Restricted and prohibited imports and exports
To promote fair trade and protect South African citizens’ health and safety, the South African government regulates certain items for import and export. These regulations can take the form of prohibitions or restrictions, depending on the nature of the product. Some products may also be regulated for import purposes, but not for export purposes (or vice versa).
Each country has different requirements regarding what they classify as regulated, restricted or prohibited goods for import and export trade. For example, some countries might allow prescription medication or animal skin trade, while others do not.
According to customs, prohibited goods are goods that are not allowed to cross the border either out of or into the country. Attempting to import or export prohibit goods can lead to serious fines and even criminal charges.
Examples of prohibited goods for import include:
- Narcotics and habit-forming drugs
- Poisons and toxic substances
- Certain types of firearms, military weapons
- Certain types of explosives and fireworks
- Cigarettes (over a specific mass)
- Counterfeit goods
- Illegal reproductions of copyrighted works
- Goods manufactured in prisons
- Second-hand clothing
Note: If a good is prohibited, that prohibition applies regardless of how it is brought into or taken out of the country. Whether a trader carries the goods in their hand luggage, or packages and transports them via sea, road, rail, air or post, it remains illegal.
Regulated (restricted) goods are goods that are controlled by an import or export permit. These permits regulate either the quality or quantity of the goods. Quality permit restrictions are controlled by government departments such as the Department of Health, Department of Agriculture, or the Department of Environmental Affairs for example. Volume (quantity) permits are usually controlled by the Department of Trade and Industry (DTI) or the International Trade Administration Commission (ITAC).
To protect South African citizens’ health, livestock, animal hair, and honey imports require a phytosanitary certificate. Gambling equipment imports are regulated to protect social health, and used goods not manufactured in South Africa are regulated for import to protect local industries.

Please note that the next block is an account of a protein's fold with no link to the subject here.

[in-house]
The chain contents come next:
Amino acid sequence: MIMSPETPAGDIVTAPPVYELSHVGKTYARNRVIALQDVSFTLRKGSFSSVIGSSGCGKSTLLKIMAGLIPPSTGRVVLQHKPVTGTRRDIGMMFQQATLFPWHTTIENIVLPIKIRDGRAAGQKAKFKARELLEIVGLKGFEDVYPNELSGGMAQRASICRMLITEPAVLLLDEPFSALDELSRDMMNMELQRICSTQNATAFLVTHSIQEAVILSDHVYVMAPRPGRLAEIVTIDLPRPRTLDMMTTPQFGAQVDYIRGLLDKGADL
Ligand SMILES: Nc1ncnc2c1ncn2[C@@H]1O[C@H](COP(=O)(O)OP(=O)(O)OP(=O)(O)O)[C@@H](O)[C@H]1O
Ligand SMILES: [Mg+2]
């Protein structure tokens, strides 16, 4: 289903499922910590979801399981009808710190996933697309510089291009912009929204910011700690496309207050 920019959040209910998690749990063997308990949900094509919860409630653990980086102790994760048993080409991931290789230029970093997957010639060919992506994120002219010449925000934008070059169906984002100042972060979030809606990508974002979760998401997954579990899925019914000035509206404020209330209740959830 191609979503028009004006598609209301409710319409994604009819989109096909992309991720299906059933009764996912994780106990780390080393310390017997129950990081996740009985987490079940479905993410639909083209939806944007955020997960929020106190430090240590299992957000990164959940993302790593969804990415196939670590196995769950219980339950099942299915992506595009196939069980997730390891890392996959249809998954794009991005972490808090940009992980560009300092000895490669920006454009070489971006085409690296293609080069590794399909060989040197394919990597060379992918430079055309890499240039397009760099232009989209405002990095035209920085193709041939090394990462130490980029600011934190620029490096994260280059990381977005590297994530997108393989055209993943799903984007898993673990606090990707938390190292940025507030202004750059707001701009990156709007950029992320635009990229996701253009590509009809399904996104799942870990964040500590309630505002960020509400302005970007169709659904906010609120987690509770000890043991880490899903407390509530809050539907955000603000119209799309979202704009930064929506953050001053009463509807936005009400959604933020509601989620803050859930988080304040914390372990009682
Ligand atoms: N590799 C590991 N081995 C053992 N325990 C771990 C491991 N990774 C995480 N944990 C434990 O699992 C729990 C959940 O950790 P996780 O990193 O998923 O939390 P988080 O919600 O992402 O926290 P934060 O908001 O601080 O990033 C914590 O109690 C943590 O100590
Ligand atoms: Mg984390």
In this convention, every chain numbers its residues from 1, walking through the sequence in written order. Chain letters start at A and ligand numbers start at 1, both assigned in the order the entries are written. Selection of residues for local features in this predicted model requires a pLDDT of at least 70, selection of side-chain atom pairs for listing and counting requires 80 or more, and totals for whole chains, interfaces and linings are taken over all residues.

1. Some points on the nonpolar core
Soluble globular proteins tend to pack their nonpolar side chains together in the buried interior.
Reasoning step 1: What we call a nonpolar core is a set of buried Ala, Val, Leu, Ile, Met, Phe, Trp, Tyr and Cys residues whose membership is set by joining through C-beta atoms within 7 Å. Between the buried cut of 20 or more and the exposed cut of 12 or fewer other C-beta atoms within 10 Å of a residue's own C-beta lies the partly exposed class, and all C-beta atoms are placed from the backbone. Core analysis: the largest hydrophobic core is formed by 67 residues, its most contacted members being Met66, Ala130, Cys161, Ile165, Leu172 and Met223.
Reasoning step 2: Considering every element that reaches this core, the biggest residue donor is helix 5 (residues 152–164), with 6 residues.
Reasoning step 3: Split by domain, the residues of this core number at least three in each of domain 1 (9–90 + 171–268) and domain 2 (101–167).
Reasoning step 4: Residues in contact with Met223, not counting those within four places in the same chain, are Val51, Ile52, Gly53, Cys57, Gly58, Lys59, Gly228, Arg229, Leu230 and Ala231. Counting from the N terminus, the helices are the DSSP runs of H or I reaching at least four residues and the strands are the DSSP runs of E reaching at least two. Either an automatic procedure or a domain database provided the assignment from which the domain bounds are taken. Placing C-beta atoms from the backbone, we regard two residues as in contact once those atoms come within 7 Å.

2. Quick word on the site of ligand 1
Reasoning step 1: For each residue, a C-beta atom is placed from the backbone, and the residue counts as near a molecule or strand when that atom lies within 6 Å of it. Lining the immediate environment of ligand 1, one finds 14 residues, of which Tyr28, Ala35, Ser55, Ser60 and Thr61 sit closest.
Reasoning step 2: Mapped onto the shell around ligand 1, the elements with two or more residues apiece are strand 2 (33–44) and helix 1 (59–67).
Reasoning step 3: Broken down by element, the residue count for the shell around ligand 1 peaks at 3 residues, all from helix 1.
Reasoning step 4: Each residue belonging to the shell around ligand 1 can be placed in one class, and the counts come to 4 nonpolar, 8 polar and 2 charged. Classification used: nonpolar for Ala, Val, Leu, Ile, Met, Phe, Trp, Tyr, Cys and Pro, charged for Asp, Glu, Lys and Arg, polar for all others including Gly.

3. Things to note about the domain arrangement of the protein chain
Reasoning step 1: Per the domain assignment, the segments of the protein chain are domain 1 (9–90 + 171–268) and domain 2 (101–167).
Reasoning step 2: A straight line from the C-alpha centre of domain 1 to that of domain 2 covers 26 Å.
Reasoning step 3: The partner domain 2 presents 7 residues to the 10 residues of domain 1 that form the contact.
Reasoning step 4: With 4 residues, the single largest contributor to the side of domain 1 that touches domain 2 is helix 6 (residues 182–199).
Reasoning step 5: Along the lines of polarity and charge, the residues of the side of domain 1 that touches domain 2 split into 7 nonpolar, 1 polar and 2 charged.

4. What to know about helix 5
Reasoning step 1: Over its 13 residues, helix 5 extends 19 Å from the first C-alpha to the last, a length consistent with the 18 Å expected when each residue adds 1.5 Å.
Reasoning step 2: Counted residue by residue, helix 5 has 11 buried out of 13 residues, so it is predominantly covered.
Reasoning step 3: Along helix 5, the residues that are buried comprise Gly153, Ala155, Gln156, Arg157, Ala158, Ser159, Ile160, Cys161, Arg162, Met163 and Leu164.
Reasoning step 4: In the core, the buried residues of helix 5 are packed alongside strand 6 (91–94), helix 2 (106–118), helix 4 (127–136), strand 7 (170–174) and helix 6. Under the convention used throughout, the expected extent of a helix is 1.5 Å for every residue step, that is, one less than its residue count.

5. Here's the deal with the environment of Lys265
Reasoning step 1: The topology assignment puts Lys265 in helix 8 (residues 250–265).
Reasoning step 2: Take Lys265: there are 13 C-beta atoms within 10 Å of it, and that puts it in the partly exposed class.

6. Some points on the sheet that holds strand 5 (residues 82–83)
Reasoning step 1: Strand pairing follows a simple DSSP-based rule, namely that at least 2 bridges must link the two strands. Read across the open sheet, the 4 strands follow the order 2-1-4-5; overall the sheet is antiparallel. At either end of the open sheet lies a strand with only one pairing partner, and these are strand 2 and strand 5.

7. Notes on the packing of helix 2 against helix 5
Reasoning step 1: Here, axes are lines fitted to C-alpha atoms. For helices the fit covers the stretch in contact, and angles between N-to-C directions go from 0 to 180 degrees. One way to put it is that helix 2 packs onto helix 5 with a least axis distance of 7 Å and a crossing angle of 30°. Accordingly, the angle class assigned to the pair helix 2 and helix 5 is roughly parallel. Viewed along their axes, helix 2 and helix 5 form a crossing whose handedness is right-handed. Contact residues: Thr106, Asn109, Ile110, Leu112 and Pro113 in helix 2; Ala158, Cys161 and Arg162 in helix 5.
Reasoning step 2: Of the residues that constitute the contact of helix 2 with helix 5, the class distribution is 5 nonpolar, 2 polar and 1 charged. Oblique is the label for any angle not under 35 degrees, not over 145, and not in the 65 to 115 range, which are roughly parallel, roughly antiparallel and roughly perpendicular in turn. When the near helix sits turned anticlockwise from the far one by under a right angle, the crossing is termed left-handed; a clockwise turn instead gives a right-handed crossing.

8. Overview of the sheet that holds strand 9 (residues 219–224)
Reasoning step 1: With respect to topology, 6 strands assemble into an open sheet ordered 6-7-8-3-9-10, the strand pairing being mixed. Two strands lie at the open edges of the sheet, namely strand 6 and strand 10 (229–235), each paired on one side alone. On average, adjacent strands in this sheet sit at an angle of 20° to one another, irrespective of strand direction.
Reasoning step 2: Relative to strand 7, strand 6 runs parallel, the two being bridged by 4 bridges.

Second-hand goods: To import second-hand or used goods (including refurbished goods), the importer must apply for an import permit. The only exception to this rule is if the importer can prove that the goods are genuinely personal effects (for example, personal household possessions brought into the country when immigrating).
For imports, some products need to be sampled and tested before the import permit is issued. An example of this is when the South African Bureau of Standards (SABS) is required to test a product for safety. The permit may only be issued once the SABS accepts the product as safe.
You can look up prohibited or regulated items in our lookup guides below. Our office can obtain most permits for you.
Customs regularly publishes a comprehensive list of restricted and prohibited imports and exports. For ease of reference, the list categorises goods according to universal HS Tariff codes as set out in the Tariff Book.
Figure 1 below shows an excerpt from the above mentioned lists.
- Heading/subheading: This is the product’s HS code or tariff code reference.
- Description of goods: The description of the goods from the tariff book.
- Prohibition or restriction: Regulatory body/authority that controls import and/or export of the goods.
If the importer/exporter is not in possession of the applicable permit, then the regulated and prohibited goods will not be allowed into or out of the country. Should customs need to store the goods for the duration it takes to obtain the necessary permit, the importer/exporter will accrue storage costs. Delays in customs clearance due to incorrect documentation may also result in business losses due to lack of availability of the goods. It is therefore very important to make yourself aware of any restrictions and obtain a permit before customs clearance.
About the author
Tracy studied at Stellenbosch University and gained her initial experience in imports and exports through working for industry. After starting her own import business, and helping some friends do the same, she realised there was a need for reliable customs registration services. As a result, in 2011, Import Export License was born. Since then thousands of importers and exporters have been helped to obtain their import export licences, permits, specialised customs registrations and connect with Import Export License consultants for advice on importing, exporting, and other customs related matters.